¯\_(ツ)_/¯ (DOL#1) -Benedict Mendes
A quick summation of this class so far for me would be: I have no idea what I’m doing. The types of learning and thinking this class has introduced to me are quite unfamiliar. For example, the “Talk with me” paper, the stereotype of the lone thinker is debunked in the context of philosophy, saying instead that philosophy, at it’s core, is a social activity and should be treated as such. For me, I had always thought of philosophy as something that was done in your own mind, and to some degree, I still do. Of course, discussing opinions and coming to some kind of agreement or understanding is completely necessary in a debate setting, but when I’m presented with many new ideas at once I need time to process. I cannot develop a fully fleshed out argument or opinion on the spot, I need time to think about the information I’ve been presented and make my own conclusions from it before I can delve into the debating scene. This is in contrast with the principle that for philosophic discussion to occur there must be at least some dissent. I disagree somewhat, as I feel that time alone is needed to digest information and really find where one stands on a certain point, but I also agree that one can only get so far by shutting one’s self in and delving into your own mind. I also disagree with the point that dissent is always valuable, even if the dissenter is partly, or even completely wrong in their opinion. The point that dissent is needed to move away from repeated dogma can be true in many cases, however, are the people dissenting not also usually the people preaching dogma? Those who dislike change and will stick to their beliefs no matter how society is changing can be problematic as they can hinder society, as a whole, from moving in a positive direction. So, in some cases dissent is not only not valuable, but actually prevents progress.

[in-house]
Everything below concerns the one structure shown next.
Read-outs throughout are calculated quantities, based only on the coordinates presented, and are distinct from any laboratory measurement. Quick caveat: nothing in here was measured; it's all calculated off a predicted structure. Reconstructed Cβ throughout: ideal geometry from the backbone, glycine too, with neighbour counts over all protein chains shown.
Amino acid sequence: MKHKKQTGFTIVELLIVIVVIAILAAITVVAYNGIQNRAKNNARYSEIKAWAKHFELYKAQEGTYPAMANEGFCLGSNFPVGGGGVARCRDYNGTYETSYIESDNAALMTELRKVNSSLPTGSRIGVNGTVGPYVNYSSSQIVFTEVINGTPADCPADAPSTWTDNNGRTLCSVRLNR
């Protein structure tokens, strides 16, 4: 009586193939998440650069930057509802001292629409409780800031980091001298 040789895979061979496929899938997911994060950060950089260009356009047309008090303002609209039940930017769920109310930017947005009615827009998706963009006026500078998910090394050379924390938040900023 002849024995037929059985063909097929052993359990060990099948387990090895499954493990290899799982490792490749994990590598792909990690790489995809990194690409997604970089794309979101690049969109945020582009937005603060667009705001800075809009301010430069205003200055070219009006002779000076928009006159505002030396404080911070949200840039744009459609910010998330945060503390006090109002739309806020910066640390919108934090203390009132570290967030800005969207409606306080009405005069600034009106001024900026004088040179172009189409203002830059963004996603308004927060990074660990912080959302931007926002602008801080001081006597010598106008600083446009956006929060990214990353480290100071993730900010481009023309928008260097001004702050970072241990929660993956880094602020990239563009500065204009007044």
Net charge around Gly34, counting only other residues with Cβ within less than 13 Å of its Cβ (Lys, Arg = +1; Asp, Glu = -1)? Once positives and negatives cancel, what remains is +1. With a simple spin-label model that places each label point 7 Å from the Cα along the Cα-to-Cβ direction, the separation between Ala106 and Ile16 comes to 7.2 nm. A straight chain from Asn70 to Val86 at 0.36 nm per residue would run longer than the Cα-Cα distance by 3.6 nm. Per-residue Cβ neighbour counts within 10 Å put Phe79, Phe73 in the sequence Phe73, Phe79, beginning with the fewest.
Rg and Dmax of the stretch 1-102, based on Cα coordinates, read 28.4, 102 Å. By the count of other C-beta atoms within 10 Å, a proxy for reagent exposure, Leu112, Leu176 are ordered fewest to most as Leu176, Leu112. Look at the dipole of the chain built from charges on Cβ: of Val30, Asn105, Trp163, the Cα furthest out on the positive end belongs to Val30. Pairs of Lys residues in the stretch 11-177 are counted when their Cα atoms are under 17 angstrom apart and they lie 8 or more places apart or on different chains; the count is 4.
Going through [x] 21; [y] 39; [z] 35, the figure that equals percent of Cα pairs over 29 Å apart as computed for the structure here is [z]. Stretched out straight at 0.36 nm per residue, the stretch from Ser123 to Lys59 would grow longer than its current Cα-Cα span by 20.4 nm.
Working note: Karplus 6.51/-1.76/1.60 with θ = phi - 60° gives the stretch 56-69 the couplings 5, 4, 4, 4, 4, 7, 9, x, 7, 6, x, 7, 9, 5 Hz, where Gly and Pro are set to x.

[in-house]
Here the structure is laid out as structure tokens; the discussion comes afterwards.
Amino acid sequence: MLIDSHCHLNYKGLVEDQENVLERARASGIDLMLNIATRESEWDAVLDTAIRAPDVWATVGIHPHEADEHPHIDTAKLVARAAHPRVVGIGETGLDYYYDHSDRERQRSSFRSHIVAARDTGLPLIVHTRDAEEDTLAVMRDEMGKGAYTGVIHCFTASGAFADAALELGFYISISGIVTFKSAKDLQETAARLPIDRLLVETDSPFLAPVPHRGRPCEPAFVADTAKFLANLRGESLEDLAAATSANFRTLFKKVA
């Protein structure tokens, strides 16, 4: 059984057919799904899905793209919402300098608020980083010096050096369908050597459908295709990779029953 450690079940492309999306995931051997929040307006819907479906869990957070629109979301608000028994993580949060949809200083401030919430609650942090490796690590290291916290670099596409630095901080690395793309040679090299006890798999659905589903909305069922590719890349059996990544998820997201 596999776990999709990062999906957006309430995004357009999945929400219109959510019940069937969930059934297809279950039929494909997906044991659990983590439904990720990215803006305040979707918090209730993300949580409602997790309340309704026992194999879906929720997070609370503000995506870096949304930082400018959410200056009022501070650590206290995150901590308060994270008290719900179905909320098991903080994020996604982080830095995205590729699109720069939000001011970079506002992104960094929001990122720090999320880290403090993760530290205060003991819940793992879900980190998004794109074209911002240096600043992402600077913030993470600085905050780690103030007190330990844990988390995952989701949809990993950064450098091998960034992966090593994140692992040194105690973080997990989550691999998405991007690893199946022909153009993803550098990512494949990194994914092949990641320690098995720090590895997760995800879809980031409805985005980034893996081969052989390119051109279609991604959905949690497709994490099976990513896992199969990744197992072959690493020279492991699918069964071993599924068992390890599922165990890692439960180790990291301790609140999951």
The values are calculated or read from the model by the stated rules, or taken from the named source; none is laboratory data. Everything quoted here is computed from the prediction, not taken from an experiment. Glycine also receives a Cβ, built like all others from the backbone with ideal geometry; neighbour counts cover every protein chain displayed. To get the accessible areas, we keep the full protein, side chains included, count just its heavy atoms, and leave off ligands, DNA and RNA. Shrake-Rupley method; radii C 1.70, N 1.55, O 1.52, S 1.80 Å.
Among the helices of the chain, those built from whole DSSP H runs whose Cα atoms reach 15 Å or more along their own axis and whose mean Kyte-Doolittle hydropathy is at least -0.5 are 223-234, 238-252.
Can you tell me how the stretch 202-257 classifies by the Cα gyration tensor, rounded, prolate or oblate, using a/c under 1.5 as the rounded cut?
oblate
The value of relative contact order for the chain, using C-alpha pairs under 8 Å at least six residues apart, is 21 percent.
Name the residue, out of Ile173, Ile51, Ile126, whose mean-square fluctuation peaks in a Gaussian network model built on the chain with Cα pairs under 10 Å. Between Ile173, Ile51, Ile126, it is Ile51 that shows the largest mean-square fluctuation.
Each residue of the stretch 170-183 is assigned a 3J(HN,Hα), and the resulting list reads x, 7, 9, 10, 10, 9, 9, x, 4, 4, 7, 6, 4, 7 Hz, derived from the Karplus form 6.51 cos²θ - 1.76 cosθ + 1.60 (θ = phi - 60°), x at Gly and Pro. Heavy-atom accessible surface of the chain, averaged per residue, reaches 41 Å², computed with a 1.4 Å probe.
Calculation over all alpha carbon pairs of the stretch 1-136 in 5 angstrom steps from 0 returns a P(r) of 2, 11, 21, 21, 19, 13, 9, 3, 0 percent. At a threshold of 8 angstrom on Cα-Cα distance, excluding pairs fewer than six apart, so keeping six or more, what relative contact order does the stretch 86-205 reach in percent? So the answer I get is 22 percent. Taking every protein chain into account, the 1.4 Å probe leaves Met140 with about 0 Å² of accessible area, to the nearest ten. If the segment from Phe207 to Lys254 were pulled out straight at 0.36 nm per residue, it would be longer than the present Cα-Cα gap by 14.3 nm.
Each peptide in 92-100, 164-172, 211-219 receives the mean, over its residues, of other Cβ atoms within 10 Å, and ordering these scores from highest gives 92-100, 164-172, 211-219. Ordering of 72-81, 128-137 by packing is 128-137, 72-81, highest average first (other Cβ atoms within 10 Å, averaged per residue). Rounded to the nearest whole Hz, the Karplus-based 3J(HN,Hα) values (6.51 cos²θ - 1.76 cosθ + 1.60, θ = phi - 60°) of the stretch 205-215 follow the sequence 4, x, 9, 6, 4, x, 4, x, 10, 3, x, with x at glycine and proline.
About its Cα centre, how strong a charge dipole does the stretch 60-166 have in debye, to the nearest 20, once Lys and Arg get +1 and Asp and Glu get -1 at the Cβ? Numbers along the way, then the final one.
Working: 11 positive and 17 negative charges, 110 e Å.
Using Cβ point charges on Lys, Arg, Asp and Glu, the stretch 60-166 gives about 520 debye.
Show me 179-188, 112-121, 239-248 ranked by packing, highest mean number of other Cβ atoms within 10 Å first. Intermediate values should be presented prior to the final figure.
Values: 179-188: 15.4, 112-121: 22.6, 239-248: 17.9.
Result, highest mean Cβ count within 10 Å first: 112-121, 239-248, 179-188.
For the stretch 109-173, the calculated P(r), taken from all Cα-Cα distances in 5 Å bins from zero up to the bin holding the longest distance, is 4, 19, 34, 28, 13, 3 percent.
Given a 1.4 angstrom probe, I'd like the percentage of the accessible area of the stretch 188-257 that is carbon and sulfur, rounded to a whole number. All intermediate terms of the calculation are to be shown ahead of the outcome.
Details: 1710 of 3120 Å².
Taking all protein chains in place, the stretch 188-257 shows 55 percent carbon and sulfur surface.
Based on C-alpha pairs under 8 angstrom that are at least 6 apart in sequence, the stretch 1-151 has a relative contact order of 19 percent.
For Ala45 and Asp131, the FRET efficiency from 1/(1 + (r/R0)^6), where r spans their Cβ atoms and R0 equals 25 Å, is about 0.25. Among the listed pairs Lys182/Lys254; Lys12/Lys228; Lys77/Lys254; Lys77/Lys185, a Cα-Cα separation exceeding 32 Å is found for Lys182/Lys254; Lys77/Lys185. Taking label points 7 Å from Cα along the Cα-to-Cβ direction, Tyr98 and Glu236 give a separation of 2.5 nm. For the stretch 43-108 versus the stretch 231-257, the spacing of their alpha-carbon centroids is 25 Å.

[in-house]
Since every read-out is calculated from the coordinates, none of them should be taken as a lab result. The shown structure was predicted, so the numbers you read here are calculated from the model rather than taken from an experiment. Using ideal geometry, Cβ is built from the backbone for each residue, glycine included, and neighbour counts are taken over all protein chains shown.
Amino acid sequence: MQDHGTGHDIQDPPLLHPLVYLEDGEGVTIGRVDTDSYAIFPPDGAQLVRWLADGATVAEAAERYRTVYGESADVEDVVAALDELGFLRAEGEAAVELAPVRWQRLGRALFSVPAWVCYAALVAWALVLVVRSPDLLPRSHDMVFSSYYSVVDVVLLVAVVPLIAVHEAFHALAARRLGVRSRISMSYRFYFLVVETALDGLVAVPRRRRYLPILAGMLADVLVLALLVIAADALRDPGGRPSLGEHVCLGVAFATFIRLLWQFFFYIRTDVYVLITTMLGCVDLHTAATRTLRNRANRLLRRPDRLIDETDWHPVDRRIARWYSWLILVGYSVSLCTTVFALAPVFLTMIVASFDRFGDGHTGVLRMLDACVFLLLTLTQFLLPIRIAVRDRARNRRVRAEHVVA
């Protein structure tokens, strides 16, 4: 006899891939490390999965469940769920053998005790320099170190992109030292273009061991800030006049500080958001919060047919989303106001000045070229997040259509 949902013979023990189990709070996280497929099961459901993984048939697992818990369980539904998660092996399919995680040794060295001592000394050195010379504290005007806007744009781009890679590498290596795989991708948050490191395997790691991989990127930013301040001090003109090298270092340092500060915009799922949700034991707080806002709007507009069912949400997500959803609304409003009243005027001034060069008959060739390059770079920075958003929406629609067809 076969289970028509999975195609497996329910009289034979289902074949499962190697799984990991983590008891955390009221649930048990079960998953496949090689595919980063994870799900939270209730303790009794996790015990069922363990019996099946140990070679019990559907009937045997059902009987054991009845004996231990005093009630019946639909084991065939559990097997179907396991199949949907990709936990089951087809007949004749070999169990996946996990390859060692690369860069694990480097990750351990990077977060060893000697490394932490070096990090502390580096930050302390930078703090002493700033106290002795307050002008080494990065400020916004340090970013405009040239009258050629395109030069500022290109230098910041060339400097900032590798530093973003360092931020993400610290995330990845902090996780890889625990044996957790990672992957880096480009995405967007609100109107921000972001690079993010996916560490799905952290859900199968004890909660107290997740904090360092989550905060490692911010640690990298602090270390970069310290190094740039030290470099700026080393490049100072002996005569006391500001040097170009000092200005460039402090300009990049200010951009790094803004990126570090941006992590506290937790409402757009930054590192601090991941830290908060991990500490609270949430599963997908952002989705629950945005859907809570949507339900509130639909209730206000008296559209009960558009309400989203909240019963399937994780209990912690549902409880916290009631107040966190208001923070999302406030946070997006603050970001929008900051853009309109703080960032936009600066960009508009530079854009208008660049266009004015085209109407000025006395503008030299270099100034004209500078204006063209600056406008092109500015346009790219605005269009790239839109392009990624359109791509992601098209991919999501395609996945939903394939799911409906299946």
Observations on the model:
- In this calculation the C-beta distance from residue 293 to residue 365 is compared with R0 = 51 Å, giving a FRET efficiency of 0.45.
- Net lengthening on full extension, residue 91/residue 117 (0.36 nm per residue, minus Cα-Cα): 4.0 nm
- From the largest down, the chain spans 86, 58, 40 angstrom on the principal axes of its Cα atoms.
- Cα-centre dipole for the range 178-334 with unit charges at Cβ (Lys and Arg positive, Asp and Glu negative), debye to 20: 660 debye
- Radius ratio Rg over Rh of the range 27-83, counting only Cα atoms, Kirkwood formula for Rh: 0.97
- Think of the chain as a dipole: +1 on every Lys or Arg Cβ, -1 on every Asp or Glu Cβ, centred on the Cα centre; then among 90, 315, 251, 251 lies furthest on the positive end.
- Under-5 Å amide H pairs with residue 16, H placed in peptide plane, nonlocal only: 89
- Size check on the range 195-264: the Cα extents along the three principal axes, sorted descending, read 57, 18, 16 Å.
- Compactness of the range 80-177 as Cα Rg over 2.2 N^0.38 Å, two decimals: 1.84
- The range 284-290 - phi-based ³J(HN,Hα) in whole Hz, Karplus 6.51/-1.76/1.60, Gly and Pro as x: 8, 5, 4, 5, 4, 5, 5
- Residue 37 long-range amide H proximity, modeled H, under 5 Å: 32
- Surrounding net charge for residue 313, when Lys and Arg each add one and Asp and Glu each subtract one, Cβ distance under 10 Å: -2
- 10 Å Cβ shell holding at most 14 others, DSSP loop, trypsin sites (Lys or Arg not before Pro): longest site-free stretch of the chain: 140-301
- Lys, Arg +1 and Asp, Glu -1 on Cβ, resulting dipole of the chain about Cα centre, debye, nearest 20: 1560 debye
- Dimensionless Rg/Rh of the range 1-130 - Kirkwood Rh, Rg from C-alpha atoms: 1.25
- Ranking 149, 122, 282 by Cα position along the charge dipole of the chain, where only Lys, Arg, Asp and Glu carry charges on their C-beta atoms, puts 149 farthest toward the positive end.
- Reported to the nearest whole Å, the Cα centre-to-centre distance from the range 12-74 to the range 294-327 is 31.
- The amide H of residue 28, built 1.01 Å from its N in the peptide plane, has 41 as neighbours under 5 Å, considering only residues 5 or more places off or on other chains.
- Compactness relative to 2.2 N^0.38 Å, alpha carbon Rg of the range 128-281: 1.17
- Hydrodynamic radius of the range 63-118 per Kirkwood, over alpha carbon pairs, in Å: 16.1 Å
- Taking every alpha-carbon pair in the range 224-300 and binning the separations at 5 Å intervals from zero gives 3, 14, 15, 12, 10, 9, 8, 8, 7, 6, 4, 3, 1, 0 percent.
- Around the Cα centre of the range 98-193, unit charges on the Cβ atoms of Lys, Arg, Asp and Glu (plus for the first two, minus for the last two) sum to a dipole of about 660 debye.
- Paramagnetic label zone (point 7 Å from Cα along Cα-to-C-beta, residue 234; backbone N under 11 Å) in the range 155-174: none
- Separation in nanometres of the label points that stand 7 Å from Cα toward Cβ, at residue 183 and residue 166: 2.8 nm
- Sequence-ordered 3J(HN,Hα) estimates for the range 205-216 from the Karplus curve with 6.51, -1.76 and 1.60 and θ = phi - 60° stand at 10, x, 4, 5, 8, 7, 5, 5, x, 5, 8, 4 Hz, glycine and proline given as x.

On a more personal note, when this assignment was being discussed I was extremely confused and a little overwhelmed. It was only discussed in vague terms, which I’m not at all used to when it comes to school projects. Then, when the class met in room 111 (The couch room, my favourite classroom in the school without doubt) it was said that we were going to make the criteria. Here’s a little snapshot of what I was thinking: “????????¿¿¿¿¿¿¿¿?¿?¿?¿?¿” In what class, on this earth, does the class get a say in the criteria? Apparently, the answer is this one. Of course, this sent my academic and structure focused mind into a complete panic. I can’t deal with the amount of responsibility that no criteria, or very little criteria, implies. It’s like, if you put me in an infinite field with no boundaries I would probably just ball up into fetal position and lay there in wait of rescue, I just wouldn’t know what to do with myself. I personally need limits to an assignment to be successful in it because it’s easier for me to be creative in a set margin, which sounds extremely contradictory I know. Also, in terms of the mindset that this class introduces, I feel like I have too much of a “scientific” mind to approach philosophy. To me, if I can’t measure it or define it, then what’s the point of discussing it? That’s a bit of an exaggeration, but that’s kind of the gist of my thinking.
As a whole, I think the first part of this course for me will be largely discovering more about and improving/changing myself before I can really get into big discussions. However, that doesn’t mean that I just won’t participate and will sit in my chair with my perfect eyebrows furrowed in thought, I will still do my best to get involved in discussions as much as I can, and besides, arguing with people has always been a strength of mine. So, in conclusion, do I now have kind of an idea of what I’m doing? Yes and no. Maybe. I don’t know. We’ll see.